first 870!!got some questions....


March 23, 2006, 01:26 PM
I bought my first 870 the other day used from my local gun store. He said it was a retired police shotgun from a squad car. This isn't bad is it....I figured it probly wasnt used much and since the 870's are supposed to last forever it wouldnt matter.....also when i took it home i noticed that it didnt say police on the side like i expected instead its a wingmaster:cuss: ...what are the differences????It has all wood furnature but thats about to change and it has the mag real question is what is the difference between the wingmaster and the police version of the 870...thanks alot everyone

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March 23, 2006, 01:40 PM
The experts will be along shortly, but IIRC the only functional difference between the 870 Police and the 870 WingMaster is the trigger weight. That may not be true with an 870 WM used as a police weapon, it may be a standard WingMaster . For my use, I'd rather have a WingMaster -- actually I have three: one 3" magnum, one TB and a field gun I've modified for Trap.

March 23, 2006, 02:23 PM
if you want to get rid of that wood let me know so we can work something out. I need some for a project.

March 23, 2006, 02:25 PM
It's probably an older Police gun.

Years ago, Remington didn't stamp"POLICE" on the Police models, they were just marked with standard Wingmaster marks.
In fact, back then the Police was just a Wingmaster with a duller blue job, a short cylinder bore barrel, and oil finished un-checkered wood.

If your gun has a satin blue job, and plain, un-checkered wood, it likely is an earlier Police gun.

Today, there are some other differences between the Wingmaster and the Police, but these are primarily a matter of stronger magazine springs and a stronger trigger-sear spring.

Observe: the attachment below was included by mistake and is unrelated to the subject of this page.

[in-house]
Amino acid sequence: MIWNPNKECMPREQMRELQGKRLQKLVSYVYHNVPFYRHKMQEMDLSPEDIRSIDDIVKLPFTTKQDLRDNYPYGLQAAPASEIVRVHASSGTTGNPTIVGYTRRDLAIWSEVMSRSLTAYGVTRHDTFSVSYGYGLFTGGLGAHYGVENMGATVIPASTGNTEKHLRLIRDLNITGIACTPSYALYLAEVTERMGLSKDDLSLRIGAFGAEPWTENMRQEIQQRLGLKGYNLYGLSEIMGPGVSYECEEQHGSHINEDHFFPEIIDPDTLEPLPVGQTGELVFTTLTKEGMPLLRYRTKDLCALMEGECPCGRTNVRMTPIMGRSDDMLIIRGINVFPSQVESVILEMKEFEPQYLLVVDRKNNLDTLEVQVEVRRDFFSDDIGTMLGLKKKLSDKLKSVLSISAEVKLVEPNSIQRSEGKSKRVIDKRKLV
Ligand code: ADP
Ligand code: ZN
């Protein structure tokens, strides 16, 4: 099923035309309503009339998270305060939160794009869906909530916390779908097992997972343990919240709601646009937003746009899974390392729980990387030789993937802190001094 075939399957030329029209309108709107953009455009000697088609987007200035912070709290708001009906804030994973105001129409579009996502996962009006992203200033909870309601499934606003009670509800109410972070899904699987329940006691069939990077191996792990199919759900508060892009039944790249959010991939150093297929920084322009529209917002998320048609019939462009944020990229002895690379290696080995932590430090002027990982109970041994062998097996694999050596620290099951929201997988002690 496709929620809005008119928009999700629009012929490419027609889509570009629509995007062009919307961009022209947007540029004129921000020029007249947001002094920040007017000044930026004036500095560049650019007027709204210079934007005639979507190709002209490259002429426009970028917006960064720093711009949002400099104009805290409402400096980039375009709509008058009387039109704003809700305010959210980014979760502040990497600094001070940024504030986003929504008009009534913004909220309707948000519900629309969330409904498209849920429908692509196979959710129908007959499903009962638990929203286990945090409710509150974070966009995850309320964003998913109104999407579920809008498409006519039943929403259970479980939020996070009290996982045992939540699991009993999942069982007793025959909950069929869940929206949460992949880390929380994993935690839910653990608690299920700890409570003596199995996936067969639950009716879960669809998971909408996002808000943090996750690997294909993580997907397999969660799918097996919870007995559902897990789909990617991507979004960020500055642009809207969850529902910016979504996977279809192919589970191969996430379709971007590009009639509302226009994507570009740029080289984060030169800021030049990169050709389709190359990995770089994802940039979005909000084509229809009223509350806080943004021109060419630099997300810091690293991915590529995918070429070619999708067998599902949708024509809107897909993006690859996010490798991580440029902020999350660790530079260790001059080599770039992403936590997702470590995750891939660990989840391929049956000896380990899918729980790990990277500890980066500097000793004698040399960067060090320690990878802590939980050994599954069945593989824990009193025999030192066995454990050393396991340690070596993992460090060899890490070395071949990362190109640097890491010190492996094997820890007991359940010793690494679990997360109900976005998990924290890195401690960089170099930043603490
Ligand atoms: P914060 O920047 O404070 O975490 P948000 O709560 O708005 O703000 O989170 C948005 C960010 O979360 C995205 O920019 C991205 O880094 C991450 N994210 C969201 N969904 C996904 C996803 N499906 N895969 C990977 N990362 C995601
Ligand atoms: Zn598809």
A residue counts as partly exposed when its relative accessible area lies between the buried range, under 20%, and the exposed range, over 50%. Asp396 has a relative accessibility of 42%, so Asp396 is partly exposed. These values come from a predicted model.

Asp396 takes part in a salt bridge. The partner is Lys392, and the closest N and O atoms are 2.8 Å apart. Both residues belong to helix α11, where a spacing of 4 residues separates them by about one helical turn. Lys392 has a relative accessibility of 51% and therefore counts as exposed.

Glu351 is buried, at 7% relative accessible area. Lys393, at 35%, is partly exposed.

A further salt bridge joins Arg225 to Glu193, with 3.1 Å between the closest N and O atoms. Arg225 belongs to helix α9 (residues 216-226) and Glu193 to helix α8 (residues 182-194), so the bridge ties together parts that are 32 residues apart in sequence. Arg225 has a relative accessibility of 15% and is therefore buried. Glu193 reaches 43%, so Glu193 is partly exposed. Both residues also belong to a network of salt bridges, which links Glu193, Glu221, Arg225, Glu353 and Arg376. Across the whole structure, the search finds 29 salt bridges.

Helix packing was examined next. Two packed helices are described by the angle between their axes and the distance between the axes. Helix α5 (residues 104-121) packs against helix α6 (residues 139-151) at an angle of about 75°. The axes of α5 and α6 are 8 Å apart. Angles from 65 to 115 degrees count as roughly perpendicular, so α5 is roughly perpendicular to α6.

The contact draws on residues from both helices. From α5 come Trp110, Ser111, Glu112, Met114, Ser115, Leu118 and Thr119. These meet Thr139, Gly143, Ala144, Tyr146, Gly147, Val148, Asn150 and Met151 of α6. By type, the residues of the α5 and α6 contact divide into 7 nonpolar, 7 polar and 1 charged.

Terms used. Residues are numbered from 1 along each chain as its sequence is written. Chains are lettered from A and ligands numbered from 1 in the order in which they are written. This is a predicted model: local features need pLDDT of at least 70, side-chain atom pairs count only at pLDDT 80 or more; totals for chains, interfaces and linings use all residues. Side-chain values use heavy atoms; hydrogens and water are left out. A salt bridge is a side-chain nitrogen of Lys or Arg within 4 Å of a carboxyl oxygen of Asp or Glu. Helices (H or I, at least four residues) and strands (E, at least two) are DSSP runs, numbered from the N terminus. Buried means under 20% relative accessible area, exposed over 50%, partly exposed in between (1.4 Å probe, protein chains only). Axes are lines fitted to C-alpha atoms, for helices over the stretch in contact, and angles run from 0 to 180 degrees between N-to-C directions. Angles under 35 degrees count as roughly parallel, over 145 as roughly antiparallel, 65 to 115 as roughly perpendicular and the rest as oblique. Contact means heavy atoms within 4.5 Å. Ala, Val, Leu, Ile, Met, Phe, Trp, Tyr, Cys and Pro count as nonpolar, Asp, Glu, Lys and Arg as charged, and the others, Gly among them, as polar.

March 23, 2006, 02:36 PM
Just picked up my first shotty today as well - A used 26" 870 Wingmaster through Gunbroker. Can't wait to get it home and strip her! :)

March 23, 2006, 03:13 PM
it is indeed uncheckard wood and its the 2 3/4.....

FGR39 ill get the wood to you but whats the deal????have any plastic for trade or paper or up for anything you can think of really as long as it is related to anything your willing to let go of shoot.....the wood isnt damaged but it needs to be refinished to be prestine.....i happen to refinish pianos for my uncle who has a buisness doing it so ill be glad to send it to you with a brand new finish to up the wages..just let me know

March 23, 2006, 03:15 PM
also...i dont mind he finish on the metal but it sure would be nice to have it parkerized....any at home kits for this and if not how much would it be to have it done if its possible or practical

March 23, 2006, 04:48 PM
mosquito, send me an email, don't need the wood redone, let me know how much you want for it.

March 23, 2006, 09:07 PM
If your gun has a satin blue job, and plain, un-checkered wood, it likely is an earlier Police gun.

And if you call Remington's "800" number and give them the serial number of your gun, they can tell you if it was originally built as a Police version or not.

Dave McCracken
March 23, 2006, 09:31 PM
A lot of Police style 870s have floated by me over the years. Most said Wingmaster on them. Finish,when new, varied from high gloss to something similar to the Express look. Real phosphate finishes are nigh universally retrofits.

I've seen original checkered wood, upgrade checkered wood, uncheckered walnut and hardwoods like Birch. I've seen some that were painted black at the factory for the military. The red trestle pad is the most common, but there's still some plates out there. These oft indicate very old 870s.

I've seen few true cylinder bores from the factory. Remington started using a few points of choke in cylinder bores before they made the 870 and carried it over. Old time ammo gave lousy patterns with a true cylinder for the most part.

Unless you get the old training shotgun, practically any surplussed 870 will look well used outside and near new inside. Even the trainer should work OK.

Flextabs show DOM of 1980 or later for the most part. Few retro'd 870s, though I've two here.

Nigh all are good deals. Frankenstein and my Deer 870 were agency weapons at one time.


March 23, 2006, 11:41 PM
Which brings me to a good question:
What EXACTLY is the difference between a Flex-tab BOLT and a non-Flex-tab bolt.

Remington's Flex-tab conversion kit includes a new bolt as part of the kit, but I keep hearing people claim to have used the standard non-Flex-tab bolt in a gun fitted with the Flex-tab, and, quote "It woks fine" unquote.